While an infected tooth can be effectively treated with a root canal, it's always best if you can avoid needing one in the first place. We believe prevention is your first line of defence. Today, our Winnipeg dentists explain how preventive oral hygiene can help you avoid a root canal procedure.
What is a root canal?
Inside every tooth, we have soft pulp that contains nerves, blood vessels and connective tissue. This is the most important element of a tooth, and it's protected by the tooths' enamel and dentin.
If infection occurs, the tooth's pulp may be impacted and ultimately lead to its untimely death.
During a root canal procedure, we remove the pulp of a damaged tooth, clean out any residual tissues and cap or seal it with a dental crown or filling, preventing the need for an extraction.
A root canal can alleviate the pain associated with inflamed or infected tooth pulp and allow you to keep talking, smiling and eating properly. Your chances of needing more long-term or significant tooth repair will also be reduced.
Why would I need a root canal procedure?
Many things can cause tooth pulp to become infected, leading to the need for a root canal. Here are some common reasons patients come to us requiring Root Canal Therapy:
- Injury to a tooth
- Cracked or chipped tooth
- A tooth with repeated dental procedures
- Serious decay
- Faulty crown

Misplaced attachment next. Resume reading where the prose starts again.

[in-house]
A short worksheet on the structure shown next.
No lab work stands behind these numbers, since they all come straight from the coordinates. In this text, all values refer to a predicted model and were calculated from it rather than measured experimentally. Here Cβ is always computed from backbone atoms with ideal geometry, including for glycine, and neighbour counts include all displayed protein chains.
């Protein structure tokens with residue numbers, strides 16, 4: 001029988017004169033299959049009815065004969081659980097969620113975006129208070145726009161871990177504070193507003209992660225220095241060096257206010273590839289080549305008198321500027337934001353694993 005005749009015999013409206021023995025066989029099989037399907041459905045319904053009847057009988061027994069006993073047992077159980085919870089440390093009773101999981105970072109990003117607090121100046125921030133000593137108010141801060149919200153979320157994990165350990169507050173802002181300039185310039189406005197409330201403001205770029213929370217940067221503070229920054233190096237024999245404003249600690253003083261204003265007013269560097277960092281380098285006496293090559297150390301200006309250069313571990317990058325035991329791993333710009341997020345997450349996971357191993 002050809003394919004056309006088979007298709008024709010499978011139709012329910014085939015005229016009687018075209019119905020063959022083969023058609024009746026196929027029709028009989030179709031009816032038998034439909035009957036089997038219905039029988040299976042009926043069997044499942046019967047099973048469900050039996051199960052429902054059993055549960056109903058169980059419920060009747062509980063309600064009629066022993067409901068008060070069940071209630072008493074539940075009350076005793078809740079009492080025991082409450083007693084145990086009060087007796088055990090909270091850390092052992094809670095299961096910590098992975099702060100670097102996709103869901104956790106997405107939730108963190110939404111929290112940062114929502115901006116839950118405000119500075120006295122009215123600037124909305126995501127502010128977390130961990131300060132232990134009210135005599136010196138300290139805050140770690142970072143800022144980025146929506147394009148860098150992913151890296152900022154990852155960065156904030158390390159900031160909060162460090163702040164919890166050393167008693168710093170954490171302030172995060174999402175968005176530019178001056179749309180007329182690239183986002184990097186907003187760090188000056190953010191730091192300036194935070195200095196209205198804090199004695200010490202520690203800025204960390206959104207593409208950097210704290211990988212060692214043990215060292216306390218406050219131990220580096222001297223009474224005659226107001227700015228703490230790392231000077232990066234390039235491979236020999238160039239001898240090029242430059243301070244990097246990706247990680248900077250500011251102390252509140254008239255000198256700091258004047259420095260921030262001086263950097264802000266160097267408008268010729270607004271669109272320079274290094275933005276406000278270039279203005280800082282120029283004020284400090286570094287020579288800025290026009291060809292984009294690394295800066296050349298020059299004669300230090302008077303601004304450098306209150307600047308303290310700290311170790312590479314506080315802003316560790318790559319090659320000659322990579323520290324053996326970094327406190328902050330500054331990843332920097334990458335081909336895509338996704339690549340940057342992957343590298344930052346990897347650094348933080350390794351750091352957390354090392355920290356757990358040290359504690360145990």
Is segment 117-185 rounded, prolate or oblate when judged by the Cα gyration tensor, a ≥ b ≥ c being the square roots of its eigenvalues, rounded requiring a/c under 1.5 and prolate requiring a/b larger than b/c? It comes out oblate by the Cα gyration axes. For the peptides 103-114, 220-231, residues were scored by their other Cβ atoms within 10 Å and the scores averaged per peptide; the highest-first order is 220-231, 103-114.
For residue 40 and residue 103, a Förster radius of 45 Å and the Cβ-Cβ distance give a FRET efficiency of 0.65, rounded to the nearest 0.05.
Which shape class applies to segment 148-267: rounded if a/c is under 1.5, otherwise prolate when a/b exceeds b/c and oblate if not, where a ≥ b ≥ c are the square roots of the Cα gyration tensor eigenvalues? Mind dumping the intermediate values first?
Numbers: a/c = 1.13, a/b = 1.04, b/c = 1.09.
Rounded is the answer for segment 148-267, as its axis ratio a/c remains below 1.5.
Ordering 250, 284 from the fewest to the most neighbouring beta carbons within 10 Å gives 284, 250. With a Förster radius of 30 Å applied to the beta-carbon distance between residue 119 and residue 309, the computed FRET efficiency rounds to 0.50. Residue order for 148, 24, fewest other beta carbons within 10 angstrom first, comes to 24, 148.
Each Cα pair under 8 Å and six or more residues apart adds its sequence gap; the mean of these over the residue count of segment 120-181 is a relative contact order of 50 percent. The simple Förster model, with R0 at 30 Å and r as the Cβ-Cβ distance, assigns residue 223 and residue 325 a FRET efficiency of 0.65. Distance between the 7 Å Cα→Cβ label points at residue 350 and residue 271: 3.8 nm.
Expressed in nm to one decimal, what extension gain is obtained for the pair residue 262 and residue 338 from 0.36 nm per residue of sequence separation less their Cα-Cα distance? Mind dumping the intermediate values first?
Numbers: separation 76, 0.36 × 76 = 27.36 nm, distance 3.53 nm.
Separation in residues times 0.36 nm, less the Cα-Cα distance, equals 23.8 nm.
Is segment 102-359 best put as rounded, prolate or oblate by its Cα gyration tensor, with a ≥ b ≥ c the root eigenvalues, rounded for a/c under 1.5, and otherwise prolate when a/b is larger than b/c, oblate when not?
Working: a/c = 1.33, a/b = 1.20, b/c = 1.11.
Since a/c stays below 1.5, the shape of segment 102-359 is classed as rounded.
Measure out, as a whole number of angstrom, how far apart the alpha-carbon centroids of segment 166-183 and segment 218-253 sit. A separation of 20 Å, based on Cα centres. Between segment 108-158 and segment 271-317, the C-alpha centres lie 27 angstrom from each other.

How can I prevent the need for a root canal?
Though your dentist will make every effort to ensure you don't feel pain after a root canal (or during the procedure), we haven't met anyone who loves getting them. If you take proper care of your teeth at home between dental appointments, you can prevent the need for a root canal procedure.
- Practice good oral hygiene by brushing and flossing twice daily, or as prescribed by your dentist. No matter how tired or busy you may be, don't forget this step.
- Visit your dentist for preventive care every six months, or as prescribed by your dentist.
- Avoid particularly crunchy or hard foods and candies, especially if you already have weak teeth or dental restorations. These can easily cause teeth to crack and leave your tooth vulnerable to bacteria, which can enter the root system and cause damage from within.
- Do not chew ice! This can fracture or crack teeth and allow bacteria to access and infect the pulp.
- Avoid acidic foods and drinks; they cause wear on your enamel and expose the teeth to sugar.
- Wear night guards or sports guards to protect your teeth from damage.
Seeing your dentist for regular checkups and hygiene cleanings is critical to maintaining your oral health. The dentist can also check for early indications of dental issues before they develop into larger issues. Any dental treatments can then be performed to prevent these problems from becoming worse or spreading to other teeth.